The name of the game is controlling the production and that means tight relationships with the sweatshops in China. There’s no such thing as an independent designer or a small producer. If you don’t have a sweatshop executing on your designs and delivering them to the store when they’re fresh, you’re worthless.

I’m aghast someone would say such a thing in public; the least of which is your use of term “sweatshop”. It is offensive. It’s bandied about with little thought or veracity.

You imply that someone merely needs an offshore connection and off they go. Vacillating between outrage and sarcasm, I can’t decide if I should beg you to teach me all you know because I obviously don’t know nearly as much even after my 3 decades in the trade or whether I should just ignore you. And no independent designers? Really? Gee, I must be more delusional than I thought working with independents as I do. I have to admit I’m having a cognitive dissonance attack in that I’m having a hard time reconciling the non-existence of designers with daily deposits in my checking account. Maybe it’s fairies. Yeah, that’s it. Fairies.

Now compare the young, independent fashion designer to the young, independent musician or novelist. Yes, the musician and novelist will end up giving away a substantial fraction of their income …The musician and novelist doesn’t need to figure out how to produce and market a product like the independent designer, they can work on their craft.

Designers are better defined as entrepreneurs rather than artists. Furthermore, there is little difference btwn them and a widget inventor; they produce PRODUCTS for sale in the marketplace. I can tell you something very surely, those who view themselves as artists and cloak themselves amid the trappings of it are doomed to fail. Besides, do you all have any idea how tiny the percentage of designers is such that you describe? 7% of the market at most. MOST “designers” produce sewn products like baby diapers or chair covers. Sewn products are 55% of the market. Independent designers are better defined as manufacturers. Legally and for all practicable purposes, that is exactly what they are.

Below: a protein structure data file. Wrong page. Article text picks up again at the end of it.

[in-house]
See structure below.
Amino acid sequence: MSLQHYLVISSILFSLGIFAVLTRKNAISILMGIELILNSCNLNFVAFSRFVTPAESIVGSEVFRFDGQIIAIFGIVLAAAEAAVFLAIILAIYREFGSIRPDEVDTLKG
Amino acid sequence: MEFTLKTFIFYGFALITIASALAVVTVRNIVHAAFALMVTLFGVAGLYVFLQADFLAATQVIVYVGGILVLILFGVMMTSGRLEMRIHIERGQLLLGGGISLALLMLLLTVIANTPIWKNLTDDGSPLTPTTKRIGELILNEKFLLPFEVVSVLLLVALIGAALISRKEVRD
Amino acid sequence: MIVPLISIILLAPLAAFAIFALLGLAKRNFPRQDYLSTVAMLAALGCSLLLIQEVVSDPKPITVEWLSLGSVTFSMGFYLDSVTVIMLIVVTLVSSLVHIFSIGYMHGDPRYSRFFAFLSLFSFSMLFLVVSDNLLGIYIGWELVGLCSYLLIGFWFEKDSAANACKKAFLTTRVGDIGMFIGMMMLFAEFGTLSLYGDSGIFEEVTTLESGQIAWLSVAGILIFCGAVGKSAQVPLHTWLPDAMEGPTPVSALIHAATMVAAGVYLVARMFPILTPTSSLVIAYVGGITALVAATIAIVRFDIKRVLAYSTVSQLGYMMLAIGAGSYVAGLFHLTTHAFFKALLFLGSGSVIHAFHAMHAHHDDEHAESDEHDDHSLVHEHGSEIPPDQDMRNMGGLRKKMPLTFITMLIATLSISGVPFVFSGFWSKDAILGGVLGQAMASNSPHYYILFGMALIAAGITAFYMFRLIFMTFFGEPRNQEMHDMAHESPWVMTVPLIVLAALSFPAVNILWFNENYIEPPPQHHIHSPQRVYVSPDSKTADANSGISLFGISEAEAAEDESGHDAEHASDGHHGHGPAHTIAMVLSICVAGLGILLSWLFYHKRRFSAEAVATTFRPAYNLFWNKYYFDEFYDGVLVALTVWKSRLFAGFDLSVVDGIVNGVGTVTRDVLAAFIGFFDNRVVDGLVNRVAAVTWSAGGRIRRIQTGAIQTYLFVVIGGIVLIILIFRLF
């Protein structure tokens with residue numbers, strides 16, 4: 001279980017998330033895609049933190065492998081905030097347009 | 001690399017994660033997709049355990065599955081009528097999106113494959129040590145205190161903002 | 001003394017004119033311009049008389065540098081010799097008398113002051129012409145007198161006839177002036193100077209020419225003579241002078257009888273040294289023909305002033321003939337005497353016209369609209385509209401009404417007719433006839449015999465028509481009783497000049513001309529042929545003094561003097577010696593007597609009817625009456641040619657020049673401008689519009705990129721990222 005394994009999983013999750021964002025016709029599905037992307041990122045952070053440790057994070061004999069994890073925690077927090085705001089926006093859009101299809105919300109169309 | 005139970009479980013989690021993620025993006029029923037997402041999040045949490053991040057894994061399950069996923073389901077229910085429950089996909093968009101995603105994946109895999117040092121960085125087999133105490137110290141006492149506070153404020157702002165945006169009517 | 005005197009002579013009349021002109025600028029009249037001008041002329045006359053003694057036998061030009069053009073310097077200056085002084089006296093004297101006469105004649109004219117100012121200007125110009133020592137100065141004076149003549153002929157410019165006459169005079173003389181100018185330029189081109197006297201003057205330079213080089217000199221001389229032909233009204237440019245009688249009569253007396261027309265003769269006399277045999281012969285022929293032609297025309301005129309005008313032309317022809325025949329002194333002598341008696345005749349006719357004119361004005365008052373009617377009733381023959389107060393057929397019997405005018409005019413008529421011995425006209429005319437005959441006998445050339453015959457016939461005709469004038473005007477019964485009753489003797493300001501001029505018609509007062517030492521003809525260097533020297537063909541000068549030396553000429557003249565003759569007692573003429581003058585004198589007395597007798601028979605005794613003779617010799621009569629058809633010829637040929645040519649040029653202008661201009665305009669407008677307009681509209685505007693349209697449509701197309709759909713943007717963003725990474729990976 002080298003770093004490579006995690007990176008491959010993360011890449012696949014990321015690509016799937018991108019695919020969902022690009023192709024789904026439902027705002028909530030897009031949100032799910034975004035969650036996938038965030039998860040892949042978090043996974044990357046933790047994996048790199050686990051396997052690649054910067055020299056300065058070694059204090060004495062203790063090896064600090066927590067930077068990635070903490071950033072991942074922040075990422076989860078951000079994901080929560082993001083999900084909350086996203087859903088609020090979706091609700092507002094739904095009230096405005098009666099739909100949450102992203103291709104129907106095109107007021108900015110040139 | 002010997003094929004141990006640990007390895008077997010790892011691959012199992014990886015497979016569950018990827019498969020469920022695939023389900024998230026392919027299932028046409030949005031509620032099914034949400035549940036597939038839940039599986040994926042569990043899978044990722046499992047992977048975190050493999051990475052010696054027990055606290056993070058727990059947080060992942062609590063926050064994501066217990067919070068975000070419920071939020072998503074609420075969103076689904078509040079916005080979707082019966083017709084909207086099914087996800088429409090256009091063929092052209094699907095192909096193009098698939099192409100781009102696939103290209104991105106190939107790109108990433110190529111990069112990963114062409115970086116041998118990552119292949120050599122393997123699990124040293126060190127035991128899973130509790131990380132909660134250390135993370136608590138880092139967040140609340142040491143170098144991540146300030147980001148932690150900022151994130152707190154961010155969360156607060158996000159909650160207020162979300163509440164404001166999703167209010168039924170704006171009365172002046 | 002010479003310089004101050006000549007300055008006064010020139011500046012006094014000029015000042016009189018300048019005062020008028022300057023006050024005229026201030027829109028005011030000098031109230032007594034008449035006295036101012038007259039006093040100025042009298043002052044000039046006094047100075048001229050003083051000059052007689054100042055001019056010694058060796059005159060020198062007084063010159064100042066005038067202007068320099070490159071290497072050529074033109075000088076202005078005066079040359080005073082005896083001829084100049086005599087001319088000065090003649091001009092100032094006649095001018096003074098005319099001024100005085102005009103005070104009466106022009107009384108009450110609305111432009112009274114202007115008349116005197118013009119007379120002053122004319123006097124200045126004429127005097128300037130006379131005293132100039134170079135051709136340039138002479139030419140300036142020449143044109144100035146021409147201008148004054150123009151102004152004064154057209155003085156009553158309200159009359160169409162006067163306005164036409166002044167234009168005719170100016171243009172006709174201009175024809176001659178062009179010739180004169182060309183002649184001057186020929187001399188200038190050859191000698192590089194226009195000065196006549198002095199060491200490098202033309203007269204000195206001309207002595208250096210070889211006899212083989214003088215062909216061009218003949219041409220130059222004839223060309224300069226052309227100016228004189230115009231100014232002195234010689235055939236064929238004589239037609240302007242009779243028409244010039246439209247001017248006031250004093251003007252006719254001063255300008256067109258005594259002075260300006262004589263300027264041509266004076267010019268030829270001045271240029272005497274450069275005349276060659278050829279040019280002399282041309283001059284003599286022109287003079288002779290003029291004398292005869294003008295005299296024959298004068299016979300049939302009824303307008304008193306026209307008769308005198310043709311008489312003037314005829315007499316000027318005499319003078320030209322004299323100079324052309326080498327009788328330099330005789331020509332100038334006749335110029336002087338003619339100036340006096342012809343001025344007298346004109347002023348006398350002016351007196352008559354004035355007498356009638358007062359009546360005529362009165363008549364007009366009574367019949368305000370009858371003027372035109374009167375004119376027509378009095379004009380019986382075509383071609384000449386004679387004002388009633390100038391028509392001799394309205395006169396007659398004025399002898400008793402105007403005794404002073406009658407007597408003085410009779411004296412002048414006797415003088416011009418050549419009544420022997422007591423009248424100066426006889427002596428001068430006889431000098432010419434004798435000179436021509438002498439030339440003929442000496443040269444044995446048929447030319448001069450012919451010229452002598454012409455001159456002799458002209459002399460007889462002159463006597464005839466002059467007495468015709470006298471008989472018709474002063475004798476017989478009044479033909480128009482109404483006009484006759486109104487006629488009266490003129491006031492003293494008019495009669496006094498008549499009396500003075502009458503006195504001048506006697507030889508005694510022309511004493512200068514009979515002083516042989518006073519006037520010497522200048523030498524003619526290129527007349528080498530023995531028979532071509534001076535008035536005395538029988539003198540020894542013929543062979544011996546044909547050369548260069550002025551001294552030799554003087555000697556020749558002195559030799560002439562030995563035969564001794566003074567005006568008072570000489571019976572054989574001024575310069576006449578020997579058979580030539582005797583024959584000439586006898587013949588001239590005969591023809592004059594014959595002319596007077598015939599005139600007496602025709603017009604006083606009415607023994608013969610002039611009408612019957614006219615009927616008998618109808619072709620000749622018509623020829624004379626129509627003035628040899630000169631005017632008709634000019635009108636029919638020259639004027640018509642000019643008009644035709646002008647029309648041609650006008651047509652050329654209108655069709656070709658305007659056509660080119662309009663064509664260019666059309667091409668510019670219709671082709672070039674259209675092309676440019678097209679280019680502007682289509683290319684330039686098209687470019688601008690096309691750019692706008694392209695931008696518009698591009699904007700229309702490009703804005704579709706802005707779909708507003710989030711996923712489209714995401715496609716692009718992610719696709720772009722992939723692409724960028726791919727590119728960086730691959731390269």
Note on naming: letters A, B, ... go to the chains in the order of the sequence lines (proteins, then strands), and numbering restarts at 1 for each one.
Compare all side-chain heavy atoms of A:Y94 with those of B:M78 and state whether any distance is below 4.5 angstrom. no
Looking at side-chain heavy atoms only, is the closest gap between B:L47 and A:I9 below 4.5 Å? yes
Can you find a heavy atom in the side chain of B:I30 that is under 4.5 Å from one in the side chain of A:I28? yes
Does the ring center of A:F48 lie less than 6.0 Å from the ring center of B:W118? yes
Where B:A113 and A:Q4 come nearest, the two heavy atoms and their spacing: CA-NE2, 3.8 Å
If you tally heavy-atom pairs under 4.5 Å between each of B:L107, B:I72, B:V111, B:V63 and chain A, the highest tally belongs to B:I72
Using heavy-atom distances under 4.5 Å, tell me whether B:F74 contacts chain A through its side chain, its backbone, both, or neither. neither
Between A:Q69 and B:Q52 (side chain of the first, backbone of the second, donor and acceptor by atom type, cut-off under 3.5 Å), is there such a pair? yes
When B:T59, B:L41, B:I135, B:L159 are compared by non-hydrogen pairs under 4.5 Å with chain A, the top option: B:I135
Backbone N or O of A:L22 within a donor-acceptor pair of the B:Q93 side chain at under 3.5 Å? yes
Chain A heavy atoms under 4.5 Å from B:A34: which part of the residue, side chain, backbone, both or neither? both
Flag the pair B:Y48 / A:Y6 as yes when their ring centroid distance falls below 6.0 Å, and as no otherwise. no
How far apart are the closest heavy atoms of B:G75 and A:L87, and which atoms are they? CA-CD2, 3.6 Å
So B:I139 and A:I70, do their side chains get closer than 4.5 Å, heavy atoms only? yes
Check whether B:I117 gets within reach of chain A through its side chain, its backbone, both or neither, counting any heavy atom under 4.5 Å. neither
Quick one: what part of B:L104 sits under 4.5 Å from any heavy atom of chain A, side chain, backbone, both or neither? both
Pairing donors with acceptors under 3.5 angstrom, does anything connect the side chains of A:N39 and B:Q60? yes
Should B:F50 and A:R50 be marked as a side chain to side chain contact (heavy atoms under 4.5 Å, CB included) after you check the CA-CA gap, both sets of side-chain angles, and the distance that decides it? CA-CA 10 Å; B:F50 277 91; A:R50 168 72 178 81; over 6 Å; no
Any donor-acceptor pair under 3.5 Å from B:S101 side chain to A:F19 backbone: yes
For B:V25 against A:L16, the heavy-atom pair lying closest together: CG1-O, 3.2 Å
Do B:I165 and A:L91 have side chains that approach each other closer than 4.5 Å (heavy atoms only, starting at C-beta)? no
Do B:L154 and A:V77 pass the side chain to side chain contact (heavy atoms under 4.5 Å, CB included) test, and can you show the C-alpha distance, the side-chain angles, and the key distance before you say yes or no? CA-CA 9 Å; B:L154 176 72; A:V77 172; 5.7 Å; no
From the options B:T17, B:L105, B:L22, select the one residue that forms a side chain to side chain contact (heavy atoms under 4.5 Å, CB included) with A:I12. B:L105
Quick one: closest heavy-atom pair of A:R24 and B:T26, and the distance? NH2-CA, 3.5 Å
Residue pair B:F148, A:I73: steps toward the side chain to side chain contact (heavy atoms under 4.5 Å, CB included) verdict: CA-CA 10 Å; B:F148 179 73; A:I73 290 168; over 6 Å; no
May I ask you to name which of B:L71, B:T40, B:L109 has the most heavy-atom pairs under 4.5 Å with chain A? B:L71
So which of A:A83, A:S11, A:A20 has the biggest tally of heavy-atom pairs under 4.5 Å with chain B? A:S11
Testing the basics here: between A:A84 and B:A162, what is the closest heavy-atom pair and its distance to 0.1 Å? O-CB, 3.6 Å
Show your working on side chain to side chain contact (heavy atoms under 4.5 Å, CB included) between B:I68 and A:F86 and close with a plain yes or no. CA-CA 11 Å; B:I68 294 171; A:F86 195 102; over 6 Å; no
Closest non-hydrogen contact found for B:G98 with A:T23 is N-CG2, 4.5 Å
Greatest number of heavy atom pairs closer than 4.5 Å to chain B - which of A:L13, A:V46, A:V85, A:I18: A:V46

How many fashion designers are there?

I wouldn’t know, at least thousands. I have 5,000 to 8,000 visiting my site every day.

As far as this law is concerned, the jury is still out but it is so narrow and difficult to prove anything that it will be effectively marginalized. Once the hullabaloo dies down, everything will be back to normal. Thank goodness. The earlier law would have put 90% of designers and the service providers who depend on them for their livelihoods, out of business.

Chris says:

Leaves out an important issue.

There is another side of this story; fashion designers to not get paid very well. While the industry benefits, the designers do not. It is inapposite to consider the benefits to the industry when the issue is the benefits to the designer. Perhaps a thoughtful inquiry into whether designers’ work merits copyright is more appropriate. This article fails to do that.

Mike Masnick (profile) says:

Re: But...

…How would a small designer ever actually collect? The big companies will now just steal the designs, fight in court, and the designer still gets squat.

The mistake you’re making is assuming they need to collect from other designers. Not so. Use the fact that a bigger designer copied your design to get some publicity for your own design — and use that to market your newer designs, and you start to get more attention.

And then you make money the way anyone should: by selling actual products.

Anonymous Coward says:

I keep reading comments about the evils of a government establish “right”, with Exhibit 1 being various articles making broad, unsubstantiaed, anectodatal claims that the “industry” is working just fine in the absence of such “rights”.

To bring balance to any discussion over a matter such as this, it would be helpful to understand the rationale underlying why various persons and companies are in favor of such legislation. With that information in hand competiting positions can be ascretained and the merits/demerits of such positions examined. This is something that I have as yet to see. Saying something is bad is certainly not proof that it is. Saying something is good is certainly not proof that it is.

Perhaps this site would like to consider separate articles form proponents and opponents that can then be used to formulate competing arguments useful in helping people under stand the issues involved in this matter.